Dear Wyclef: Please Don't Run!
In an open letter to the hip-hop icon, a fellow Haitian-American explains why it's a bad idea for him to try to become president of Haiti.
It pains me to have to tell you this -- especially in public. Particularly because it goes to the heart of someplace and something we both care deeply about. But I have to, because as much as I love you, I love Haiti more -- so much so that I'm unwilling to put her fate in your hands.
So here goes. Wyclef, you're making a big mistake. Running for president of Haiti is a bad idea. Bad for you and bad for Haiti.
Yes, over the years, your words and deeds on behalf of our beloved little island have been commendable. You've inspired legions of young Haitian people both here and back home. You've done the Lord's work with a zealot's commitment and a salesman's enthusiasm. We love you for it; we really do.
Who can forget the television images of you on the ground in Haiti just days after the earthquake, helping to carry and bury battered bodies, going on the evening news to call for faster and better organized relief efforts?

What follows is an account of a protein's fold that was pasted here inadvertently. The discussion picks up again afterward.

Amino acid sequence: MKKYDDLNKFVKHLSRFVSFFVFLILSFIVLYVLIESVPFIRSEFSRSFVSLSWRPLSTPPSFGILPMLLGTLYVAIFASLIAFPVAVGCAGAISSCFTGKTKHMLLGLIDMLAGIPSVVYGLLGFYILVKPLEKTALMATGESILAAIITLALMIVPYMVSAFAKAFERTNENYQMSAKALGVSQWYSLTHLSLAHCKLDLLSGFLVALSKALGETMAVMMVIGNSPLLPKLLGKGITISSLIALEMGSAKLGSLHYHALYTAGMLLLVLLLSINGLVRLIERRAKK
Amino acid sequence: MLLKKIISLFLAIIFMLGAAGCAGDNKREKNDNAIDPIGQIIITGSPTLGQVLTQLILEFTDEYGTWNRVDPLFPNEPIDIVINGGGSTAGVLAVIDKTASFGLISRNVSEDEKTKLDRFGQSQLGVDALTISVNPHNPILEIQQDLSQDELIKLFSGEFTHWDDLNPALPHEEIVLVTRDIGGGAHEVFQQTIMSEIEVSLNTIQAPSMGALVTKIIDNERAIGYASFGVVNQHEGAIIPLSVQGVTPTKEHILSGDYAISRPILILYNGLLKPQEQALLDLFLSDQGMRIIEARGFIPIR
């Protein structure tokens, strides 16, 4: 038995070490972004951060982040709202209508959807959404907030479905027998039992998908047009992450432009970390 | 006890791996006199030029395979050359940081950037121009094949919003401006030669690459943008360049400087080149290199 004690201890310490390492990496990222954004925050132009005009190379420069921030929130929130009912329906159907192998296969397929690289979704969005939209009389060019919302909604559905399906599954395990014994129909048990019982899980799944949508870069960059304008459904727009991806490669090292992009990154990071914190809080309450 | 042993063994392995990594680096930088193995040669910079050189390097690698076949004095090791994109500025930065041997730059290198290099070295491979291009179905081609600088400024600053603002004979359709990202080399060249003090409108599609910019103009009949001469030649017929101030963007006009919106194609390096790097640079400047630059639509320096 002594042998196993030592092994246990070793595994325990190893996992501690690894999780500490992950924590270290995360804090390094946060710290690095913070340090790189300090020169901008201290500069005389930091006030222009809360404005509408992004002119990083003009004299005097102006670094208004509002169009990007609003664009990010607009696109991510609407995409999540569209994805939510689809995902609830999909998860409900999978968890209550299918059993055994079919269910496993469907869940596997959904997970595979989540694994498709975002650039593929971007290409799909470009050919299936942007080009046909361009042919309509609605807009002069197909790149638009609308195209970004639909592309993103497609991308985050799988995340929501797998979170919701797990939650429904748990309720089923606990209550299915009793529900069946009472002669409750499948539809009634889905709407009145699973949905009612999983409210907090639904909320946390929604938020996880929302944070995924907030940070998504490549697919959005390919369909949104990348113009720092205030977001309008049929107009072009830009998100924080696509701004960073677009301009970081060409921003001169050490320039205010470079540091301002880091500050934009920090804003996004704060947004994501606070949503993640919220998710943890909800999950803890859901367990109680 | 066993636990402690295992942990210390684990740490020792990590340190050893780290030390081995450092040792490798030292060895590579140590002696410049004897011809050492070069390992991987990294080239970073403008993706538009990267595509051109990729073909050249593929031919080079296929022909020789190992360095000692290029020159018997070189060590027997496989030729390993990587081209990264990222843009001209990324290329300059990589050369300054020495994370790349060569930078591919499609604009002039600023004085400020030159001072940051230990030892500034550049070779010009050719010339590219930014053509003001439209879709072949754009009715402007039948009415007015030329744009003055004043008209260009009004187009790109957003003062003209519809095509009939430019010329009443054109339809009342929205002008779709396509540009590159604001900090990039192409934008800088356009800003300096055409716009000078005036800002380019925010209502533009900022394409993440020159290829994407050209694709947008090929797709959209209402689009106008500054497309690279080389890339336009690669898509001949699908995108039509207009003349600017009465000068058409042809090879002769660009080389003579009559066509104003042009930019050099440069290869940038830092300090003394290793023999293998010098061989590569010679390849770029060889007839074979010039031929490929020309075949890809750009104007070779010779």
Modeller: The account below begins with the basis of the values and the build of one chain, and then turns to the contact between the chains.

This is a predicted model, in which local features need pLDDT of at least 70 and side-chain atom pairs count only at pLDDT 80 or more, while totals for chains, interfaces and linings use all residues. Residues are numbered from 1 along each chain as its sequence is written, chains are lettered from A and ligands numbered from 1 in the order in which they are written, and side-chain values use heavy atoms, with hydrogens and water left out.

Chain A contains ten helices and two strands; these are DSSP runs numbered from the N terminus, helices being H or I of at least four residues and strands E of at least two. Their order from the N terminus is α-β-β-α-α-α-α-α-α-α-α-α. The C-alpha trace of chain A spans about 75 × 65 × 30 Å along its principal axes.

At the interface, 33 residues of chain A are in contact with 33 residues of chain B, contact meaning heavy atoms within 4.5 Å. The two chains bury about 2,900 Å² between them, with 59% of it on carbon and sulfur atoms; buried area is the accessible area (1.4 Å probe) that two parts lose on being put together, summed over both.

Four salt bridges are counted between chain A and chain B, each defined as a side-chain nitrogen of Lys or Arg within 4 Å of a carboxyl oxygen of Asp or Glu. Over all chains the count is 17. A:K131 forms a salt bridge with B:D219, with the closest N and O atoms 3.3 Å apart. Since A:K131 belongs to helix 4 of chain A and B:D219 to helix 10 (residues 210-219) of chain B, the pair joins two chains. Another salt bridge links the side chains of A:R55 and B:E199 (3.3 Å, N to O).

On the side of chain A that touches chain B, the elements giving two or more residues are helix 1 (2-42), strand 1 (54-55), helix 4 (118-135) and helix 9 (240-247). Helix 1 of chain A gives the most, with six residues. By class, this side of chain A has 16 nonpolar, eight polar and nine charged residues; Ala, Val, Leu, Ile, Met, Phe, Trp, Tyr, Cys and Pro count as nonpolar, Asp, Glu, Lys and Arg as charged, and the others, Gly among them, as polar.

I, for one, thank you on behalf of other Haitian-Americans who didn't have the means, the connections, the public platform or the gumption to do what you did.
You have sung love songs for Haiti. Written poignant rap lyrics for her. Held her in a tender, rhapsodic embrace. Loved her when she seemed unlovable. Made people care about her. You had pride in her long before it became fashionable, and way before the earthquake. And even now, seven months later, you've kept her in the headlines and refused to let others forget her.
But Wyclef, everything changed after the earth shook violently that awful January day. After the ground buckled and sent houses crashing and bodies crumpling; after the grief consumed us; after Haitians picked themselves up and went about the business of living again, we started thinking and asking ourselves: "What's next? How do we build a new and better Haiti?"